‘Passions’ heads to DirecTV

Segments to begin airing this fall

NBC has signed a nearly

$40 million deal that will keep sudser “Passions” alive via an unusual outlet: DirecTV.

In what ranks as its largest original programming initiative ever, the satellite provider has ordered a full season of original episodes of the soap opera from NBC U TV Studio. Segs will begin airing this fall, after the sudser ends its run on NBC.

There will be some changes, however.

Instead of five days per week, “Passions” will air only four times per week, Monday through Thursday. To accommodate the different business model, show’s budget will be reduced by about one-third to around $700,000 per week.

All of the production costs for “Passions” will be absorbed by DirecTV, whose total commitment over 52 weeks stands at nearly $40 million. Service will offset a chunk of that cost by selling advertising on the show.

NBC U West Coast topper Marc Graboff said the conglom will make “a little bit” of money in the first season of the deal but stands to make more if DirecTV picks up its options on the show.

Peacock will still be able to make coin from Internet components related to “Passions,” as well as any product integration deals it strikes.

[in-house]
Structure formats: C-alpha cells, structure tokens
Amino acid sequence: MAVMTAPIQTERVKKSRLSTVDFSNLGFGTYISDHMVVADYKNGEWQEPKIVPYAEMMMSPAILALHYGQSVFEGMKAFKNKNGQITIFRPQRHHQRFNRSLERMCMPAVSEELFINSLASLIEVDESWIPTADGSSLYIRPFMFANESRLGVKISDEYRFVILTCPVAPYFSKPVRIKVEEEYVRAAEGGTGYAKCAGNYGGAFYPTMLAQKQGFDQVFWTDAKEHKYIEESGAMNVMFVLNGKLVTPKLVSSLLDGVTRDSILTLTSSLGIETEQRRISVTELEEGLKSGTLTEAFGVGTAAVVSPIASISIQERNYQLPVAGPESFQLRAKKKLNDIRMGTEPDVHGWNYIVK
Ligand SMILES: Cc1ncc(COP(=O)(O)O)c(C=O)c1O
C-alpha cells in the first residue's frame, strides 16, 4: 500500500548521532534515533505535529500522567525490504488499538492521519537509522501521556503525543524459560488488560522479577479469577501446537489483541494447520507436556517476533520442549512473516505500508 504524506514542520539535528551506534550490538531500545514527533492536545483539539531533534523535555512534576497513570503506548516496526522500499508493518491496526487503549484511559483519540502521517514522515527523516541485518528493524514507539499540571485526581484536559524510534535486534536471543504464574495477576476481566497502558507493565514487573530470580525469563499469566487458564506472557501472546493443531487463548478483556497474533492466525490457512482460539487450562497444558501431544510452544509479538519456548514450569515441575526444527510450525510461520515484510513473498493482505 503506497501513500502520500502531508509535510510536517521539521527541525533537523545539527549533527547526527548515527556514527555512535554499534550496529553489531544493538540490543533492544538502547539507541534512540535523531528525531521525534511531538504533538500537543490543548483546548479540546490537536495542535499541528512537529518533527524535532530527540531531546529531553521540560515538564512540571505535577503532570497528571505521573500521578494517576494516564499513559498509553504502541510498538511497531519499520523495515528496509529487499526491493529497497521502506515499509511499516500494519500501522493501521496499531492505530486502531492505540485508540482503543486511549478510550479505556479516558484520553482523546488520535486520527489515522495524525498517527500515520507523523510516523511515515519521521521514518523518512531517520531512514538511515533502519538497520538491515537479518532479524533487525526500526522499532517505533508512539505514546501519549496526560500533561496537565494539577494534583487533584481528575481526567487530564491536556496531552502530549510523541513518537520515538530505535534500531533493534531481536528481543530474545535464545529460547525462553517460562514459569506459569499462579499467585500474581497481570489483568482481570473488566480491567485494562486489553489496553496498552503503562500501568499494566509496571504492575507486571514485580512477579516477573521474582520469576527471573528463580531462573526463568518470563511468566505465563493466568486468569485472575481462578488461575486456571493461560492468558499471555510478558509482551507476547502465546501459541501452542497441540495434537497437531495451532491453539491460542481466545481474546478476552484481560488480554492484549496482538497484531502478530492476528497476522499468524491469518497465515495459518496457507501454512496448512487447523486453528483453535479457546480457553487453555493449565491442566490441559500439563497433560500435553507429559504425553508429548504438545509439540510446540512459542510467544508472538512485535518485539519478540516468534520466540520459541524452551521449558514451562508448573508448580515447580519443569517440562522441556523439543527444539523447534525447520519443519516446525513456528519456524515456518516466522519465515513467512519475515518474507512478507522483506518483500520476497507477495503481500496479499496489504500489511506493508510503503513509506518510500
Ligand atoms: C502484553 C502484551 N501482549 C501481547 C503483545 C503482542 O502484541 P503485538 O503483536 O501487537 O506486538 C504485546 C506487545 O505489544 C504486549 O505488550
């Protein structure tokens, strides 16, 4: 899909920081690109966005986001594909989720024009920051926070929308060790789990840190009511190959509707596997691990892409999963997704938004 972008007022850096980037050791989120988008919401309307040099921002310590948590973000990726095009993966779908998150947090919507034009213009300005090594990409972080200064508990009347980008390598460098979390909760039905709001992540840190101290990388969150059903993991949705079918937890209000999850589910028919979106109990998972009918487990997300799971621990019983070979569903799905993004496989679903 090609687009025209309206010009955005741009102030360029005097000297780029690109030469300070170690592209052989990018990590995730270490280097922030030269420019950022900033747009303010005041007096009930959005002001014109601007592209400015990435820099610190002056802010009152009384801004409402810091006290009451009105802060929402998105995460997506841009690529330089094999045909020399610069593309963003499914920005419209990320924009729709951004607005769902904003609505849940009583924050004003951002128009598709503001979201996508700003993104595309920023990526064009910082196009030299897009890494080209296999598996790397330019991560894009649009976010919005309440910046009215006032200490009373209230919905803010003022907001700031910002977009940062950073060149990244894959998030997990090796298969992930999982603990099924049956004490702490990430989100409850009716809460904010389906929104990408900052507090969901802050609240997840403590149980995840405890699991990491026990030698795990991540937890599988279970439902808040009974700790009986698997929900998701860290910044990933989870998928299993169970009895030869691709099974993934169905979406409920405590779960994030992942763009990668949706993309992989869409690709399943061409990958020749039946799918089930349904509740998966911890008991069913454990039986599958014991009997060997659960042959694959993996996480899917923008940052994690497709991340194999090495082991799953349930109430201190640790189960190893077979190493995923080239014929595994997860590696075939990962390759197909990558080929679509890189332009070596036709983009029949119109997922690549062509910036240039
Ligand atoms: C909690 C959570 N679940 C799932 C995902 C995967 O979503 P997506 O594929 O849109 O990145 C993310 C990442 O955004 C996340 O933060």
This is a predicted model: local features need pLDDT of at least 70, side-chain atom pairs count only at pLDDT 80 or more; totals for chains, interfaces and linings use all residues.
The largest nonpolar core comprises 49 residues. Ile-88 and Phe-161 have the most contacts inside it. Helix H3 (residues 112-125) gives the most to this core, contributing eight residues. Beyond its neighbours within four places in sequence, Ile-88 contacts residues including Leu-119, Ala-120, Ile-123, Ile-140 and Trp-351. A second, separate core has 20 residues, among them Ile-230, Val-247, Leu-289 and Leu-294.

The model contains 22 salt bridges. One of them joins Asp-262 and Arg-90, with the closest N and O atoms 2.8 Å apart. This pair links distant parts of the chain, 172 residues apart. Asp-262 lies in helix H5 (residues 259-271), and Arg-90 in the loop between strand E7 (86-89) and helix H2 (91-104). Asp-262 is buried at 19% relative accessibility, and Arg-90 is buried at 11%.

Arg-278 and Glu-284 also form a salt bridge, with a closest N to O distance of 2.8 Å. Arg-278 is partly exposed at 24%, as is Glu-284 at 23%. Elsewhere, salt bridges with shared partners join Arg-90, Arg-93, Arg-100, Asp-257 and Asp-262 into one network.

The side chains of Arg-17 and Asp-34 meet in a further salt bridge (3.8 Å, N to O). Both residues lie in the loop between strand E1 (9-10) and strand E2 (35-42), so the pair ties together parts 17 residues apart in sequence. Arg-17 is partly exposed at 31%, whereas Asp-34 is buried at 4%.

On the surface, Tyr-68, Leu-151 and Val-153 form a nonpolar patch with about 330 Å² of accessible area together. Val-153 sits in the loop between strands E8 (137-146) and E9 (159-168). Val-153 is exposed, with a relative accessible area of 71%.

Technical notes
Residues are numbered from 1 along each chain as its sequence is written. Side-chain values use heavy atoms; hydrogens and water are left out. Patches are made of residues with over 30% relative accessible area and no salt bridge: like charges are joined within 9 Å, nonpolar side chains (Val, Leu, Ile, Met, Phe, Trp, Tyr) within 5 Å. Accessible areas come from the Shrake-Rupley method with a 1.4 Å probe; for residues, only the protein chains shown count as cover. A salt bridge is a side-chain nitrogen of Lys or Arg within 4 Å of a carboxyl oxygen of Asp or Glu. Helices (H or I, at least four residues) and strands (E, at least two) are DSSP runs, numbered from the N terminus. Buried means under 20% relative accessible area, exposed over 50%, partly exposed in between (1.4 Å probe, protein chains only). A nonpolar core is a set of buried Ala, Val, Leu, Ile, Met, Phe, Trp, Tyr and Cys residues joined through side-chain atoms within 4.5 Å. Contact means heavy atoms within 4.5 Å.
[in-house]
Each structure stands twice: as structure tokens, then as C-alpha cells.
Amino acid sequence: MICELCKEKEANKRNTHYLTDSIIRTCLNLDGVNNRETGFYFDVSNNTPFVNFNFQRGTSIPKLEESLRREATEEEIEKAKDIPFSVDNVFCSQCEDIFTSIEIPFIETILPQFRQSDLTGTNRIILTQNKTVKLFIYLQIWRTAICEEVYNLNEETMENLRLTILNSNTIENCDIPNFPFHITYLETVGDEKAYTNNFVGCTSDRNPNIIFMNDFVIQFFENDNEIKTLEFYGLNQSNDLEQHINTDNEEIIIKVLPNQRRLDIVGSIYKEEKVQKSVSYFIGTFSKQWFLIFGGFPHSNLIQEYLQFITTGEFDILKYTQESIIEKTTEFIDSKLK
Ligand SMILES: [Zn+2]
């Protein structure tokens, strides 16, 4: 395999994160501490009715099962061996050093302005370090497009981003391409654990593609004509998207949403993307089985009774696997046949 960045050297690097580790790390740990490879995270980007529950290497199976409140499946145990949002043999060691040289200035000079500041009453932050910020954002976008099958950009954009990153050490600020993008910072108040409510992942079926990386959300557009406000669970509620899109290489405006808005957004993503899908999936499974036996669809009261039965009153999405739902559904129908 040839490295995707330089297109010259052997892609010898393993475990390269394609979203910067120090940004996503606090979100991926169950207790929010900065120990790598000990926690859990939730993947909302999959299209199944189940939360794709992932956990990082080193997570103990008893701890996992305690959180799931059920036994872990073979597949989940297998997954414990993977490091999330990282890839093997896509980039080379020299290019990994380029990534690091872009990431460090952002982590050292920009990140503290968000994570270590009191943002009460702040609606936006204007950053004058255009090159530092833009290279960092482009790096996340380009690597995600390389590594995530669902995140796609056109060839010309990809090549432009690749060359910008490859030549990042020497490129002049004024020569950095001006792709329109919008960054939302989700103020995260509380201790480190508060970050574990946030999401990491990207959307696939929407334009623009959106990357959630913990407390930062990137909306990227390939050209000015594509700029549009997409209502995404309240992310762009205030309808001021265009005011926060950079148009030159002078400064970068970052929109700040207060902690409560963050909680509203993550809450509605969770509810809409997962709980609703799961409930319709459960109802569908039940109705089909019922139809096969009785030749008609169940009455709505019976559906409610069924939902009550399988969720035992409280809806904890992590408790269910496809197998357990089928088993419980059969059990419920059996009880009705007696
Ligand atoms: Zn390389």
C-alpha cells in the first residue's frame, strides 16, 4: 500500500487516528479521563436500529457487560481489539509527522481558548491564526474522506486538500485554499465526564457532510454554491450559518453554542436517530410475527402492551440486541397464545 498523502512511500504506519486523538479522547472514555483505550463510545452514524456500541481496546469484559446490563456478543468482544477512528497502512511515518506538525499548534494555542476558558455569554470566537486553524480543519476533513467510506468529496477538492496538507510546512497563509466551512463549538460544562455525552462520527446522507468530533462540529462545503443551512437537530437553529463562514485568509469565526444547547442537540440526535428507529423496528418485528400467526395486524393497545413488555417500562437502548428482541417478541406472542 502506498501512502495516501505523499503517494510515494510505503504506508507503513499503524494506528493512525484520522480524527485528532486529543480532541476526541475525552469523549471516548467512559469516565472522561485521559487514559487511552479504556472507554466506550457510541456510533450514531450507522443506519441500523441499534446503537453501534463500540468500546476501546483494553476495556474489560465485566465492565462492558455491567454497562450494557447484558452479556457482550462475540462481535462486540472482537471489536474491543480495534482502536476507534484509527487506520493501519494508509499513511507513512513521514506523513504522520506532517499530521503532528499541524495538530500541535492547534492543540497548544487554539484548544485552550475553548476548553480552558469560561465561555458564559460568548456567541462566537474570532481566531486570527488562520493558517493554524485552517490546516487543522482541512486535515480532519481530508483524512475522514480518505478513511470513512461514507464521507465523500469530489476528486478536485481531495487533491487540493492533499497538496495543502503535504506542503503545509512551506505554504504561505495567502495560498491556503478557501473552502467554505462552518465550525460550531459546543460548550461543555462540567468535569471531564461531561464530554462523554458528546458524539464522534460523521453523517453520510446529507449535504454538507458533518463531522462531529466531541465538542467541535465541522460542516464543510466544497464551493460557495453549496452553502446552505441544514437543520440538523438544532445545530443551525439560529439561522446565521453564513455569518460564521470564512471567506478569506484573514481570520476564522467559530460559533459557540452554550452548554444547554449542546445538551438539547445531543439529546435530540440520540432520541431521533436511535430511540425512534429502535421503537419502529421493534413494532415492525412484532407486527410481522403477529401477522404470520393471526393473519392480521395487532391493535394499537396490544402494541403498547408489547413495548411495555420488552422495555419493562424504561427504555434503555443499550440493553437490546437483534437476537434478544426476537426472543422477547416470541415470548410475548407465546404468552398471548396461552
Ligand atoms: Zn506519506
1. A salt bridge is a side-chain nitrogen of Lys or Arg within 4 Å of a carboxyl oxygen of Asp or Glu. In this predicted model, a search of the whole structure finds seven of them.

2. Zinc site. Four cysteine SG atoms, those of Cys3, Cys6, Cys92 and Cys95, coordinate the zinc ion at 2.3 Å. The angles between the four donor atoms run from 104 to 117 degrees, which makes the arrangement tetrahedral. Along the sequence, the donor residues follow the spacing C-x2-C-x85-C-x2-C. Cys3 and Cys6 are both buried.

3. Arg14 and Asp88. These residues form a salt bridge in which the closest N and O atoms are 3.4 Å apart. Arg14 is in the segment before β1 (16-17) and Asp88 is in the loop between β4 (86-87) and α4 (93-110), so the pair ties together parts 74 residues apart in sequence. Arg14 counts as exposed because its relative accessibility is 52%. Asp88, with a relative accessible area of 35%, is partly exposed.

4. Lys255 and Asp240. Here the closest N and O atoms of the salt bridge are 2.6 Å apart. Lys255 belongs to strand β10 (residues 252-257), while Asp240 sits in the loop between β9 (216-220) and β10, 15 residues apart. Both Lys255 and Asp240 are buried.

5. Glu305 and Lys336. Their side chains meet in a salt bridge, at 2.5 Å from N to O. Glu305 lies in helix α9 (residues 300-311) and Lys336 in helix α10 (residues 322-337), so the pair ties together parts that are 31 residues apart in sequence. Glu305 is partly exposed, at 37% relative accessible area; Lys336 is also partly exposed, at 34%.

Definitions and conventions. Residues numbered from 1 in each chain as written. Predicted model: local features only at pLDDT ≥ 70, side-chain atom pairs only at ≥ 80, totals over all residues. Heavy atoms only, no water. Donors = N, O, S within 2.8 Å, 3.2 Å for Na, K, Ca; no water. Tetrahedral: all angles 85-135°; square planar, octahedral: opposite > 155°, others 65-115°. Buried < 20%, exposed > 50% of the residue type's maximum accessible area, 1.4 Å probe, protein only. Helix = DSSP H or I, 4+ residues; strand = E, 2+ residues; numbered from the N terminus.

However, since DirecTV insisted on complete exclusivity, NBC will no longer make episodes of the sudser available for download via iTunes.

Graboff said NBC U distribution execs were talking to DirecTV about some digital initiatives when the Peacock’s team suggested that the service pick up “Passions.”

“They really sparked to the idea,” Graboff said, adding he thinks there could be other such deals in the future.

“I could see our studio making a nice business” out of packaging exclusive content to providers such as DirecTV or Comcast, he said.

DirecTV has been edging farther into the original content business, airing several firstrun skeins on what it calls the 101. It will begin airing “Passions” this fall on that channel, which is available to all of its 14 million homes.

Snagging “Passions” makes sense for DirecTV, which has found success offering subscribers programming they can’t get elsewhere. Its huge deal with the NFL for its Sunday Ticket package was instrumental in building its sub base.

Now, DirecTV has a product with strong female appeal, albeit to a relatively small audience base of about 2 million. However, if only 25% of the show’s aud ends up subscribing to DirecTV, the deal could pay for itself.

Peacock said earlier this year that it was canceling “Passions” after an eight-year run on the net (Daily Variety, Jan. 15). Execs at the net also have said that, in all likelihood, Sony-produced “Days of Our Lives” won’t be renewed when its deal expires in 2009.

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